Am I Registered to Vote? How to Find Out.
In the rush of everyday life, some of us might not be sure whether or not we're registered to vote. Fortunately, it's easy to find out — and easy to register if you haven't yet.
Organizations such as Vote.org and the National Association of Secretaries of State have websites that, once you plug in your name, address, and date of birth, will let you know whether you're registered to vote in your state.
If you're registered, you should be able to vote in the next election without any problem. If you're registered but find out that the information on your registration (like an old address) is incorrect, you'll have to ask your local elections office to update your information.
Registering to Vote Is Easy
If you're not registered, there are quick and easy ways to get that done. Processes and rules vary slightly from state to state, but overall the process of registering is pretty uniform. Twenty-three states plus the District of Columbia feature election day registration, which lets qualified citizens register to vote and cast a ballot on the same day. You do not have to identify your political party to vote in a general election.
The National Voter Registration Act requires that most states offer registration at DMV offices or other agencies designated by the state. Prior to the last presidential election, about one-third of new registrations took place at such “motor voter" sites.
Can I Register Online?
Right now, 42 states plus the District of Columbia allow their citizens to register by the registration deadline online. Oklahoma is in the process of implementing online registration for upcoming elections. Maine enacted online registration in July 2021. and expects to have it implemented by 2023. The six states that don't have or are not in the process of implementing online registration include:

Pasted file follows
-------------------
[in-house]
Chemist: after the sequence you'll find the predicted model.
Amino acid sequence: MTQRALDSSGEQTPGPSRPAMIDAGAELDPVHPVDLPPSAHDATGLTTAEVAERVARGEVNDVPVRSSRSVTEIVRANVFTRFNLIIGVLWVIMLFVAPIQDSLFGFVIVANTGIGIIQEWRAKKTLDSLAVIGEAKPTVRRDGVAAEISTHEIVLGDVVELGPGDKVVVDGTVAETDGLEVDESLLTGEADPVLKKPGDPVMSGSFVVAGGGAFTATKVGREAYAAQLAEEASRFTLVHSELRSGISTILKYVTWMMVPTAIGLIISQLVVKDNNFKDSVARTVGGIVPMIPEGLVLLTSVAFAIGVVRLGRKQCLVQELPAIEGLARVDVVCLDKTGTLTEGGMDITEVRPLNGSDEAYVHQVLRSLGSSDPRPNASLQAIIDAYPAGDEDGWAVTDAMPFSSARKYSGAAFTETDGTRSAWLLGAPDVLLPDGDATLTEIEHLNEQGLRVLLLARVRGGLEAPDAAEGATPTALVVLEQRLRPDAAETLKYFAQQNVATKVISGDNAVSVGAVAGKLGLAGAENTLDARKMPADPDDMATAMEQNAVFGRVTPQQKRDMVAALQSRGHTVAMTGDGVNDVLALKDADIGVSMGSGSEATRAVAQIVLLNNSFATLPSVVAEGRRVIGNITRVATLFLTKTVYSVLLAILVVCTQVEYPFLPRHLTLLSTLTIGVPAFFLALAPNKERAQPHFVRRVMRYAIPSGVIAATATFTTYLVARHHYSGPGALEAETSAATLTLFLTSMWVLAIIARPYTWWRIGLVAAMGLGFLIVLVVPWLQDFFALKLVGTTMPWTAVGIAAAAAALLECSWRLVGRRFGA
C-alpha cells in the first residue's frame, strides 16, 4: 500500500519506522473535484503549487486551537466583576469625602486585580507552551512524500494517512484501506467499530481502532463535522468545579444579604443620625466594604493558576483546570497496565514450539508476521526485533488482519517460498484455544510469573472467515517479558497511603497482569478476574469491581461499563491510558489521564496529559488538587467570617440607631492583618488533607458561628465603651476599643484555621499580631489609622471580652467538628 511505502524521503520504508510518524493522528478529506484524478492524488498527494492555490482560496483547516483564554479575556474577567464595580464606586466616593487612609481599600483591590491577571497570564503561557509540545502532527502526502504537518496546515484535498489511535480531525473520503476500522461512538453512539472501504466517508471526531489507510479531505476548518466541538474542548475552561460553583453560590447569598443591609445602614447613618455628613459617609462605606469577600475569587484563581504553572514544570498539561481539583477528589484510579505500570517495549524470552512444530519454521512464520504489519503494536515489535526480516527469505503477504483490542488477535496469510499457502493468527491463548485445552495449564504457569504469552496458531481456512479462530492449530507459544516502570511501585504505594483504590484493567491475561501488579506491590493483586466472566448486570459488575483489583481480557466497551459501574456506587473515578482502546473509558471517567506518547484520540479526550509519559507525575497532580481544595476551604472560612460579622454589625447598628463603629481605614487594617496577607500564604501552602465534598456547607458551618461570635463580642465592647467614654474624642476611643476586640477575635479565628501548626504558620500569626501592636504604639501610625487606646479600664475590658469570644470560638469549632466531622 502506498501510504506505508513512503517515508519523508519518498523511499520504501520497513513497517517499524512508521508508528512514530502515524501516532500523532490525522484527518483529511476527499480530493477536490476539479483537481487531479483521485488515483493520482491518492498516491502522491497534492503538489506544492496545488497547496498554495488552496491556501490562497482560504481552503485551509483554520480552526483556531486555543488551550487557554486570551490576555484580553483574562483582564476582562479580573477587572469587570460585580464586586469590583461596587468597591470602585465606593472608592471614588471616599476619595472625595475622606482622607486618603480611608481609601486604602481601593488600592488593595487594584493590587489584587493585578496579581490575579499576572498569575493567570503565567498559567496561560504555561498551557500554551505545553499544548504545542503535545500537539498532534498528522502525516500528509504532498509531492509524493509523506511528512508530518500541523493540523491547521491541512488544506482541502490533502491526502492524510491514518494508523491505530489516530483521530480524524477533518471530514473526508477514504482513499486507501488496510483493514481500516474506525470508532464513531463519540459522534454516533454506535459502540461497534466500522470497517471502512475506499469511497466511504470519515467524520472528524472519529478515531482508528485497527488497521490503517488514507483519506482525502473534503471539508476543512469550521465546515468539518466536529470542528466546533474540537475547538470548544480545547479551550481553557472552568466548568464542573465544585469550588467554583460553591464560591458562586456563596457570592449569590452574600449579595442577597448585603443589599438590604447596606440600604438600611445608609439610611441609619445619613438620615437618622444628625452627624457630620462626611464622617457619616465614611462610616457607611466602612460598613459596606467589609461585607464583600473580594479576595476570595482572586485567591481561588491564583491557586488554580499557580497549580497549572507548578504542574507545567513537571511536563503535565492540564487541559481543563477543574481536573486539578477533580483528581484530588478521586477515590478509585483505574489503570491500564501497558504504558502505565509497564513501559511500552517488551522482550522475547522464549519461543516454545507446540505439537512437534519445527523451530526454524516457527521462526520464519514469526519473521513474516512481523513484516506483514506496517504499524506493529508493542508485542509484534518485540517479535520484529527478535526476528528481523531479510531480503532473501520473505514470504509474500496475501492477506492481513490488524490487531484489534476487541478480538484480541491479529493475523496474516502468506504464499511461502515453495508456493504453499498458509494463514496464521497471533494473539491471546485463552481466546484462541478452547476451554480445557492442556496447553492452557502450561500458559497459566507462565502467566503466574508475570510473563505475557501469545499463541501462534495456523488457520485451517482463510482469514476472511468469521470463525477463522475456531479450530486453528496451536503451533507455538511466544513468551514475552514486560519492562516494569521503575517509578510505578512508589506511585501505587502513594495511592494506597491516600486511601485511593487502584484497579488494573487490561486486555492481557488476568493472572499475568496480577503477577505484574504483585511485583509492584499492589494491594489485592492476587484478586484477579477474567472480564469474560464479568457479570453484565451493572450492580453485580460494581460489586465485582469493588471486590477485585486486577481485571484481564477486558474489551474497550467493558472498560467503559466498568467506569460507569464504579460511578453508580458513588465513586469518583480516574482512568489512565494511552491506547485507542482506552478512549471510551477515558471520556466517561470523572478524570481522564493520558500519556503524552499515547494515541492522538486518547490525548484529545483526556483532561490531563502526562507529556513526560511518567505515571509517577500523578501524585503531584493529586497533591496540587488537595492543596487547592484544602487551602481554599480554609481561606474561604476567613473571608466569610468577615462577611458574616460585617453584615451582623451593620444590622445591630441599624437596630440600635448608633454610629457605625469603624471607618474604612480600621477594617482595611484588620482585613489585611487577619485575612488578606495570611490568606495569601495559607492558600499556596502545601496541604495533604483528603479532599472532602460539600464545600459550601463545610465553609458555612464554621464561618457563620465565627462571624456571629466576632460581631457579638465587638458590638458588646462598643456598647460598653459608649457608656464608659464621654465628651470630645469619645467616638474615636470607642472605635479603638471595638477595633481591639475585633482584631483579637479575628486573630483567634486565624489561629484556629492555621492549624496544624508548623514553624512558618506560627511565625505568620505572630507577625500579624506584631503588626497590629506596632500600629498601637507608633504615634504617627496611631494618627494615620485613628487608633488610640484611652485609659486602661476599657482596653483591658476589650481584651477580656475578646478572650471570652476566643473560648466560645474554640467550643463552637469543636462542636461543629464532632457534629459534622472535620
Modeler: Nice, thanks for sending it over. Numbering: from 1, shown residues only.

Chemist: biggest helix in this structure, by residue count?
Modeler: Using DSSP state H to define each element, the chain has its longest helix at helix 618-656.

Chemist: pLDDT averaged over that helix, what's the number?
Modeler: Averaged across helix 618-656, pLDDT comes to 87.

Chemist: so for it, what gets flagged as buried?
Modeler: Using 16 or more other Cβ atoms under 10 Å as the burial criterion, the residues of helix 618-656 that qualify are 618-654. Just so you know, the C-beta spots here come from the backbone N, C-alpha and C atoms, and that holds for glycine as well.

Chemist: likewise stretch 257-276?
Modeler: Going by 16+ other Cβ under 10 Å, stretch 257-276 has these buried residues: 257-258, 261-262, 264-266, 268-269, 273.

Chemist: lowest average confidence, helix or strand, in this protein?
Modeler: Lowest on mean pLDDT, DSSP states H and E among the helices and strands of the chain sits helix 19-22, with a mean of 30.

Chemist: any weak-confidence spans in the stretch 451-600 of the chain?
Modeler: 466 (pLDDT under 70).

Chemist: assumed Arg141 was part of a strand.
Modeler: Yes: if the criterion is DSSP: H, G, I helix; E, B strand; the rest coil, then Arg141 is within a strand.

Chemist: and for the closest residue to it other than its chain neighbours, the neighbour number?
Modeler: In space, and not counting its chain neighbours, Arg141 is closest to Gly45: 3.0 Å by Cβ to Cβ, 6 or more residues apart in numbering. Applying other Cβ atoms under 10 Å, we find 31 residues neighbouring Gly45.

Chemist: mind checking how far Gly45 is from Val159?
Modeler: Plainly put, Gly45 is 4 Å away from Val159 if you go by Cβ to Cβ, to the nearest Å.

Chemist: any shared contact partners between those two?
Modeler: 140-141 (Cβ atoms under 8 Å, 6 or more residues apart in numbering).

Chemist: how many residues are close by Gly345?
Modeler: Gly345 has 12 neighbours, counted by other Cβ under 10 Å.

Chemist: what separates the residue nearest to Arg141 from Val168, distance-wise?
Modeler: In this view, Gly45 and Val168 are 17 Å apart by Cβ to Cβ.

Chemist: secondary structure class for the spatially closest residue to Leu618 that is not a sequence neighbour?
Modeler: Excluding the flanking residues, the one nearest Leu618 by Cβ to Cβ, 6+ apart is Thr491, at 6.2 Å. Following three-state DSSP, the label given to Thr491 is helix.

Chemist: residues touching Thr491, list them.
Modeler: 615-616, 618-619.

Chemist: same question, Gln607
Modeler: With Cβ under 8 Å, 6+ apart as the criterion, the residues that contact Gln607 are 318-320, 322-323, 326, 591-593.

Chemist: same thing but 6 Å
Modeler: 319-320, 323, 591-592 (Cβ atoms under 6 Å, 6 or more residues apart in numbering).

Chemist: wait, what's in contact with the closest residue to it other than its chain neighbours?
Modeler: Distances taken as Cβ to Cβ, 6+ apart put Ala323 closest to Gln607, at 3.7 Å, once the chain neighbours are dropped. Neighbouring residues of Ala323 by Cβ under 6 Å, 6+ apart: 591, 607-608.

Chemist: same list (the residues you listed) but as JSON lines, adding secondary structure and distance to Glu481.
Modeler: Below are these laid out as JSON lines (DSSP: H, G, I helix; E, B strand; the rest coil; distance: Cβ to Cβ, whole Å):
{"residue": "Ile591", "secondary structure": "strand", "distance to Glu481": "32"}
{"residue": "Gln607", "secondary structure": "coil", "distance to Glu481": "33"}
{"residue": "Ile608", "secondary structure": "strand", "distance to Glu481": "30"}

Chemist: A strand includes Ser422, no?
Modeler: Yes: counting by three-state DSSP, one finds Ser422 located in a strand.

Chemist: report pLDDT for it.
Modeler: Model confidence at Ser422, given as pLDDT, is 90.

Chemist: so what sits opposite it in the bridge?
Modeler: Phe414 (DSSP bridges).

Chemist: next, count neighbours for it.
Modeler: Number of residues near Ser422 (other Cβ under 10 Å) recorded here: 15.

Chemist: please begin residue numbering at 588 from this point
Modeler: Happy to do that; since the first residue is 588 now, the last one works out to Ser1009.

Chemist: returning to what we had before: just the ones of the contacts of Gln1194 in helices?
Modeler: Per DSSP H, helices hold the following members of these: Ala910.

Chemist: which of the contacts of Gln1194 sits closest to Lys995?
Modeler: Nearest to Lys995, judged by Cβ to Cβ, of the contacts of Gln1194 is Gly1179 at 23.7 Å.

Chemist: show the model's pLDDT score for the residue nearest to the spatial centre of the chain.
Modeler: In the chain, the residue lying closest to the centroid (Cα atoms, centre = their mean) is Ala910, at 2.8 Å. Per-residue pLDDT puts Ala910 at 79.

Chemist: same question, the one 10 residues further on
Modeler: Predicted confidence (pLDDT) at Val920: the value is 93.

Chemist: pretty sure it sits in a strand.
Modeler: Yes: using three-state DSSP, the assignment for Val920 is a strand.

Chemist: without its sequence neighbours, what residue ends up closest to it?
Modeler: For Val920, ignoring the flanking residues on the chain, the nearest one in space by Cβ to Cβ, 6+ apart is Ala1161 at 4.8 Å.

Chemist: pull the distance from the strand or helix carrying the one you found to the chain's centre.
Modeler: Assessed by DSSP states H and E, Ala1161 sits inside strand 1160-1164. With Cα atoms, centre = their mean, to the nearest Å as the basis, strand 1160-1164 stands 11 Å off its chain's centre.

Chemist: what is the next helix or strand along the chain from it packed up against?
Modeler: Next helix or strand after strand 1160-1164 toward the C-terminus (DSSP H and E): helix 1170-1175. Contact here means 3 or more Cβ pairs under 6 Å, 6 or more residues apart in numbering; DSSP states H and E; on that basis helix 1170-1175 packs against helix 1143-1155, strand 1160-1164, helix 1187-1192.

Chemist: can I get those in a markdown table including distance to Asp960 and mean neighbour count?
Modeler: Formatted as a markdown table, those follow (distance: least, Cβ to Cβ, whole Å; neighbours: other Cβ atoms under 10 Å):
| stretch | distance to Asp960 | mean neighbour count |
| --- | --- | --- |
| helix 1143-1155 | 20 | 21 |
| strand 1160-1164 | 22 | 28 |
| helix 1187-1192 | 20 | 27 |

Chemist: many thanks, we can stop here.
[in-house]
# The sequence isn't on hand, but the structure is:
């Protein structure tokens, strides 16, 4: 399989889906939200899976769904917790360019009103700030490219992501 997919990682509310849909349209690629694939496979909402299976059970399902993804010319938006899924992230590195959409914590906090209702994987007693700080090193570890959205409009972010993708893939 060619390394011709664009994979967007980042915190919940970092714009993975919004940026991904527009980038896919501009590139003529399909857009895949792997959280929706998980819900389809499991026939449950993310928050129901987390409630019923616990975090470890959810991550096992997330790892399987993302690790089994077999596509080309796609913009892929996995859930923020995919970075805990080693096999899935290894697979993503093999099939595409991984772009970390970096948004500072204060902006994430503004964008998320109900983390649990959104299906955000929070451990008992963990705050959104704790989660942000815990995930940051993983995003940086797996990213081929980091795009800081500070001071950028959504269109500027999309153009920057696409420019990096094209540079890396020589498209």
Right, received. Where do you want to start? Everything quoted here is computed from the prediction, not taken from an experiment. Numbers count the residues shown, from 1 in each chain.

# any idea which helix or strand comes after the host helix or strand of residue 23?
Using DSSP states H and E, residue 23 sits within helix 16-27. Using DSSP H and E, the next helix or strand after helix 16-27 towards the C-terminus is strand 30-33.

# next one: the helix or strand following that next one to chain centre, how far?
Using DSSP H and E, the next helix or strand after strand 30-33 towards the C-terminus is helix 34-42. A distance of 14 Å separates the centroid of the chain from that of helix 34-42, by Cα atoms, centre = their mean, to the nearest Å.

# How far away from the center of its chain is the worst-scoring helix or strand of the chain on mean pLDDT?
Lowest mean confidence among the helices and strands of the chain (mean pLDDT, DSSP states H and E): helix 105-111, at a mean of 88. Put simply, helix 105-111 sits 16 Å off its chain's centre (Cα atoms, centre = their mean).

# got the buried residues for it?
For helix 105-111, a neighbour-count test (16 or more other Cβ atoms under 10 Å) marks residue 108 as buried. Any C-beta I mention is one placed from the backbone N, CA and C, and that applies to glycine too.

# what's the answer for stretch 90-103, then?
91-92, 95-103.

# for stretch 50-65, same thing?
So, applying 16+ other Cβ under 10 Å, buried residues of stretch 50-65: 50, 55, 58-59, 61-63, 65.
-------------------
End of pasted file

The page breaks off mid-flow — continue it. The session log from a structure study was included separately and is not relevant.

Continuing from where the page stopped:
If you live in one of the states that don't have online registration, you can download the National Mail Voter Registration Form, which is available in any of 15 languages via the U.S. Election Assistance Commission. This voter registration application can be filled out on your computer screen, or you can print it and fill it out by hand. Once that's done, you can mail it to the election office specified for your state. Make sure to include a proper mailing address with your voting information.
Where Can I Register to Vote in Person?
Many states allow you to register to vote at your polling place. You can also register to vote in person at your state or local election office, or at a number of public facilities, including post offices, armed forces recruitment centers, public assistance offices, and departments of motor vehicles. Remember to bring your driver’s license. Not all these offices in every state provide this service, so call before you stop by to register, or check with the secretary of state.
How Do I Register If I'm Away From Home?
For citizens in the military and/or overseas, The Federal Voting Assistance Program allows you and eligible voters in your family to register to vote and request an absentee ballot. The same applies if you're attending college in a state other than the one you're from.
Can I Change My Voter Registration Information?
Your voter registration record does not automatically update when you move addresses. You will need to register again with your new address. Most states allow you to register online, but there are several states that require mail-in or in-person registration (see "Can I Register Online" above). For those states that allow online registration, you can also check your voter registration status online.
Is My Voting Information Public?
Your voting information may be accessible to the public in your state. Required fields may include your birth date and contact information. A P.O. Box is generally not permitted.
In certain instances, registered voters need not provide information that is accessible to the public. For example, victims of domestic abuse may be able to participate in an address confidentiality program that would keep their information private.
Are Disabilities Accommodated?
People with disabilities can still vote for elected officials. Polling places are generally accessible to people who need to be accommodated. Election officials at your polling place can help you.
Who Can't Register to Vote?
State laws vary on who can and cannot register to vote. You generally must be a citizen over 18 years of age to vote in state and federal elections.
You might also be barred from voting for a period of time if you've been convicted of a felony. Many states restore voting rights to people as soon as they leave prison, while others keep voting restrictions in place while offenders are on probation or parole. Others require that ex-offenders submit a formal request to have their voting rights reinstated. Naturally, once your voting rights are once again intact, you may register as normal if you haven't already.
If you have questions on whether you are registered to vote or want to know more about the process speak to an election law attorney near you.